Traveling with a pet

Got a dog? More and more places invite families to sit and stay.

A boy and a dog on a dock near Cable.
A Rottweiler lounges on the dock of a rented cabin in Wisconsin.

Planning a vacation with a dog can be frustrating. And yet, pets have gone up in the world.

Many craft breweries offer dog-friendly patios. And more lake resorts are setting aside cabins for families with pets, perhaps inspired by Martha, the talking dog in the popular children's book series, and her pointed reproach: "We're your best friends — or have you forgotten?"

Some towns have started festivals just for dogs (and their owners).

Here are places that know that wherever pets are welcome, you'll follow.

Finding a place to stay

Wondering where to travel with your dog? Few beaches allow them, but most hiking trails and state parks do.

Cabins and mom-and-pop motels, especially those in areas popular with hunters and fishermen (think north woods and Mississippi River) are most likely to allow them, followed by franchise hotels.

Camper cabins in state parks don't allow dogs inside, but you can tie them up outside.

Many private rental cabins and cottages allow pets; see Renting a vacation house.

Find them on state tourism sites that allow a search for pet-friendly accommodations. At Travel Wisconsin, go to the Accommodations directory, select a type of lodgings, click the Directory tab, type in a city and radius and check "Pets Welcome" in the amenities column.

Travel Wisconsin also suggests five pet-friendly cabins, and Explore Minnesota recommends 16 dog-friendly places to stay.

The beach of Empire, Mich.
A dog gets a walk on the beach in Empire, Mich.

At Explore Minnesota, go to Places to Stay and check "Pets Allowed." Enter a town and a radius, or you'll get many possibilities.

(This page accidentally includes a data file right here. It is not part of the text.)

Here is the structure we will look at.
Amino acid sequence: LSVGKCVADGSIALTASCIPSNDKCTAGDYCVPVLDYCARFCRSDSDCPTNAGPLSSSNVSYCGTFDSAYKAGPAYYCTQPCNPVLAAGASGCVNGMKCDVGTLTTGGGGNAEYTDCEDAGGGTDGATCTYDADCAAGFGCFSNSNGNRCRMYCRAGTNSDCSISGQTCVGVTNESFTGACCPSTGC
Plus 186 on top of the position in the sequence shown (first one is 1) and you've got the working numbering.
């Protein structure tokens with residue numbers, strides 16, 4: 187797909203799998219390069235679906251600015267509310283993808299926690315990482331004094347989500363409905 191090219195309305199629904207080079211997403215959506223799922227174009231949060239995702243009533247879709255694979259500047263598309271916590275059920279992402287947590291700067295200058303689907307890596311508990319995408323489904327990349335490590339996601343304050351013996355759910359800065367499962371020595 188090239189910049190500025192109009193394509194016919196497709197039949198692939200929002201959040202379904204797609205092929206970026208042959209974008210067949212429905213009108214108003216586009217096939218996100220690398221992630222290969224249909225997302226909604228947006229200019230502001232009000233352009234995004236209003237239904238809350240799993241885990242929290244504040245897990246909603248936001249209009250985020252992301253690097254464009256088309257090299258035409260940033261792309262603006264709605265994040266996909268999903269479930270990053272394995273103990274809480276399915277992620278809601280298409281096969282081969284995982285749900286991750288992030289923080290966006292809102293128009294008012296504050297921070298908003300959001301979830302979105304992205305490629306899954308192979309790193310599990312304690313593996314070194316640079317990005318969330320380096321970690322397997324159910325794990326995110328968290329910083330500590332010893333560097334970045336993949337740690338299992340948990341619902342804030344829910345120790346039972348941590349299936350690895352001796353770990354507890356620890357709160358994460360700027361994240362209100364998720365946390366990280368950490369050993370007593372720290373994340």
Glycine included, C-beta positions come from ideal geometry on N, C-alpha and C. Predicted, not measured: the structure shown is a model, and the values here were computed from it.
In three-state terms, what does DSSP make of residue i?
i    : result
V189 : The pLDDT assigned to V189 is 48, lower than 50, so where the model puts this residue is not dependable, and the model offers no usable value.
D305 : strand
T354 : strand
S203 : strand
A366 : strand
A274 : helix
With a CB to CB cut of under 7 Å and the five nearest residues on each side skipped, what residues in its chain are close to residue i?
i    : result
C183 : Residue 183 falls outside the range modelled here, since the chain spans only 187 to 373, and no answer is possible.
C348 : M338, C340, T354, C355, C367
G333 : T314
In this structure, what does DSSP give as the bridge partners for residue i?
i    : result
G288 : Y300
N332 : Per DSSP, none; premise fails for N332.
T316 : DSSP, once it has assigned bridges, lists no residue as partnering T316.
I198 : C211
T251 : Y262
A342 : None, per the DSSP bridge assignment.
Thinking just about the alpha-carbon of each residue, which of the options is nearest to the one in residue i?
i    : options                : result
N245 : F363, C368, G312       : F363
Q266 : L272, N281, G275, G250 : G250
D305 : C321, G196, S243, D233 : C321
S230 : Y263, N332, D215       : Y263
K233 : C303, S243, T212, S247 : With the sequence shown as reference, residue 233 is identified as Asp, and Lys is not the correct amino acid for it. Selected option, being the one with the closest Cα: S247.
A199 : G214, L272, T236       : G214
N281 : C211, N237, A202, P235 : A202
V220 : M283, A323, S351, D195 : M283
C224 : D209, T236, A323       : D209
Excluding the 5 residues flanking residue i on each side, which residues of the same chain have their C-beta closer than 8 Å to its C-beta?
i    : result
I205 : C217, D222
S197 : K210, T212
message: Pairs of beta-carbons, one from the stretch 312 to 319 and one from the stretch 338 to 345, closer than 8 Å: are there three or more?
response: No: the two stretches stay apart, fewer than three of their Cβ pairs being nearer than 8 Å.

The farther north you go, the more resorts you'll find that welcome pets.

A few boutique hotels not only allow pets but cater to them. In Milwaukee, the Iron Horse Hotel has a "Big Dog" package, with dog pillow, doggie toys and dog-bakery snacks.

Policies at hotel chains vary. Some enforce weight limits, while others, such as Loews and Kimpton, have no restrictions.

Most charge for pets, and some also require a security deposit.

Most hotels limit the number of rooms that accommodate pets, so reserve one as early as possible.

For more, check the offerings at or Bring Fido.

Dog festivals

In spring , the Door County town of Baileys Harbor holds the Door County Scottie Rally, with a parade of Scots with pipes and drums corps, plus pet-psychic sessions and an auction of artist-adorned Scottie figures.

In fall, there are many dachshund dashes, when the adorable dogs jump over little hurdles as they rush to their owners. The Minneapolis suburb of Wayzata has been holding them for years during James J. Hill Days, the Saturday after Labor Day.

Terriers at a Dog Days interview.
Terriers and their owner are interviewed at Dog Days in Stockholm, Wis.

They're also held at German Fest in Milwaukee and during many Oktoberfest celebrations, including those in Galena and St. Paul.

In October, the Wisconsin town of Cambridge, east of Madison, holds Barktoberfest, with dog sport demos, costume and trick contests and a yappy hour at the local tavern.

Pet-friendly places

In Chicago, the Seadog speedboat tours from Navy Pier actually give you a 15 percent discount if you bring your dog, as long as space is available.

Travel tips

Many magazines and blogs, such as Bring Fido, offer tips for traveling with pets, and some are quite creative.

From a reader of Budget Travel magazine: "Our cat yowls and yowls in the car. We found that spreading a thin layer of butter on his feet just before we put him in his carrying case gives him something else to do with his mouth."


Last updated on May 12, 2021

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